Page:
Monk grins and shakes his head, like he somehow has it all figured out. “No way, man. I’ve got it all figured out.”
“Do you now?” Papa Chub replies. There’s a note of skepticism in his voice, irritation and amusement in equal measure. Maybe he sees the child his friend once was and he’s thinking of all the misadventures they’ve shared over the years, all the dumb mistakes they stumbled into and subsequently rescued each other from. Maybe he’s thinking of the things that have changed since those days, the things that haven’t. The things they still have in common and the ways that they’ve grown apart. When they were children, they would have seen each other on a daily basis. Now, I don’t think they’d seen each other for months before I’d pitched the idea of going to the Meadows. Maybe he’s wondering if, in the face of temporal and physical gulfs that have separated them, their friendship is still the same. Maybe he’s wondering if Monk is still the same person.
Maybe Papa Chub’s wondering if he is.
“Man,” I say, “I can see you spontaneously combusting under Sooyoun’s gaze. She’s going to take one fucking look at you and there’s not going to be anything left but a pile of ashes.”
Monk rolls his eyes and smiles at us, suddenly a patient father talking to his idiot children. “Guys, come on. I’m not dumb. Soo and I talked about this. I told her I was thinking about getting a tattoo to commemorate the trip, and she rolled her eyes and said, ‘Yeah. Uh-huh. Sure.’”
“Wait, you asked her permission?” Googe says, his voice heavy with unrestrained sarcasm. I can just imagine the smug satisfaction on his face. “Wow.”
It’s my turn to roll my eyes. Of course he asked permission. They’re married. His body’s not his own, his life isn’t his own. He’s agreed to share it with someone else. The same is true of her, too. It’s not a defeat or a concession or a betrayal. It’s an expression of mutual love and trust. It’s–
There’s a sharp flash of pain between my eyes, and the room goes white for a moment, the marble and wood and metal and the people all replaced by a void like a blank page. I can’t see anything but white, and the pain is sharp enough that I can feel my face twisting up. I know that everyone’s behind me, that the couches we’d been drinking on the night before are behind me and to the left.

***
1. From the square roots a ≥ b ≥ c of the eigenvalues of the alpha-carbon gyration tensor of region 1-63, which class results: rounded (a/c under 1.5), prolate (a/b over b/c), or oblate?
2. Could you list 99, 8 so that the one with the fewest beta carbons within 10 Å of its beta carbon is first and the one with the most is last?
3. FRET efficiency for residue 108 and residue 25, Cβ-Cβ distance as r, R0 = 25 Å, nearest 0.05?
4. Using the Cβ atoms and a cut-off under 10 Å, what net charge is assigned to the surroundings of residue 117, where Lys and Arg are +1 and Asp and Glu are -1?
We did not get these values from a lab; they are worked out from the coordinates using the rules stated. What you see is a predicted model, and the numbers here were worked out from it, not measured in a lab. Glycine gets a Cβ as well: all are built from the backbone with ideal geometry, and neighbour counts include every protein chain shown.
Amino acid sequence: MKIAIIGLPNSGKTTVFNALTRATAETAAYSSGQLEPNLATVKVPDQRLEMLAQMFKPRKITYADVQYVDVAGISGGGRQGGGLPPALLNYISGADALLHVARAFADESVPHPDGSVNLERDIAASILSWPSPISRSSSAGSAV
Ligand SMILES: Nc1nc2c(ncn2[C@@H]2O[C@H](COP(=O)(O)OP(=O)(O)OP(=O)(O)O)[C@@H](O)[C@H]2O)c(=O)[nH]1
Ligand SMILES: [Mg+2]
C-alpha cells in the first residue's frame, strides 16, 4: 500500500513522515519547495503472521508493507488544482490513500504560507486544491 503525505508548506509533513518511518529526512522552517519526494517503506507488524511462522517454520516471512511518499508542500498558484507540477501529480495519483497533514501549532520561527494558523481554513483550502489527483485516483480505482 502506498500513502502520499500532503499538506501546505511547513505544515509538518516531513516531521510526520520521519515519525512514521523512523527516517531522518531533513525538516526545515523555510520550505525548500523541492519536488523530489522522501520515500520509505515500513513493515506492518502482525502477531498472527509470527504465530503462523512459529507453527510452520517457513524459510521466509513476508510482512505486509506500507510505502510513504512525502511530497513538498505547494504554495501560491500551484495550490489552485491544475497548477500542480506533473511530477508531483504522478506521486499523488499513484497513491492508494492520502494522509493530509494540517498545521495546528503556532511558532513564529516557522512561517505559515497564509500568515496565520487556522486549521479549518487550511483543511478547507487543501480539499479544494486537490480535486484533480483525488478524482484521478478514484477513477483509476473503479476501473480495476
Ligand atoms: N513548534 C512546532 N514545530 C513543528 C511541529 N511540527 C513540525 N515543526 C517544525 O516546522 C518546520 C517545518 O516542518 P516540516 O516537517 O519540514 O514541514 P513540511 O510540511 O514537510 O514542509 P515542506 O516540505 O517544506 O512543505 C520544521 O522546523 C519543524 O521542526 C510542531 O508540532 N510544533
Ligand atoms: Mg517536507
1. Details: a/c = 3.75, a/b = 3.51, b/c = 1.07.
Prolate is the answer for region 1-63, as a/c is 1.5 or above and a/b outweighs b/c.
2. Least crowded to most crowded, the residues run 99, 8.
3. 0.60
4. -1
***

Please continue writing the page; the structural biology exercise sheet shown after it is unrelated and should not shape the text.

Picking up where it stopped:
With my eyes screwed shut, I turn and walk in a wide arc with my hand held out low before me, fingers splayed wide. I’ll find the couch and just sit down for a bit. No one will notice. I can hear Googe and Monk arguing, anger slowly creeping into Monk’s voice, Papa Chub and Erb occasionally chiming in with unsolicited opinions. The girls are silent, but they’re probably just nervous, uncertain about what in the Hell they’ve walked into. Probably they were expecting something glamorous, the celebrity lifestyle that they’d seen in vids. Instead, they got a bunch of neurotics arguing over inane things. But then, it seems like that’s all most vids feature, so maybe the glamor is just a matter of distance and cosmetic surgery.
My knee bumps into one of the seats. I put my hand on its back, pick a direction, walk around it, and sink into it. It’s a loveseat, big enough for two people, but I’m alone.
But only for a moment.
A gentle hand settles upon my shoulder and there’s a voice, soft, feminine. “Hey. Are you okay?”
The pain is subsiding some and my vision is beginning to return, although the world is still mostly white nothingness. “Yeah,” I say. “Yeah, I’m fine. Just got a little light-headed all of a sudden. I don’t know why.”
“You look a little pale.”
I take a deep breath and let it out. Definition is starting to return to my vision, simple shapes and basic colors, like some antique game struggling to load the polygons and textures from which the world is constructed. “I’ll be fine. There’s an auto-doc in here somewhere. I’m sure it’ll just tell me, ‘You’re low on electrolytes. Drink this tincture and lie down for thirty minutes.’”
The girl laughs, a sound infinitely warmer and more sincere than the woman in the bikini from earlier. I smile at the sound. The earnest laughter of a woman is one of the few things in life that lets you know you’re doing something right.
“’Tincture?’ Wow, what are you, a college professor or something?”
She’s teasing me. I turn to face her, to tease her back, but when I look, she has no face. There is just endless, pitiless white. The world around her has color, has objects familiar, friends beloved, but she is just the white.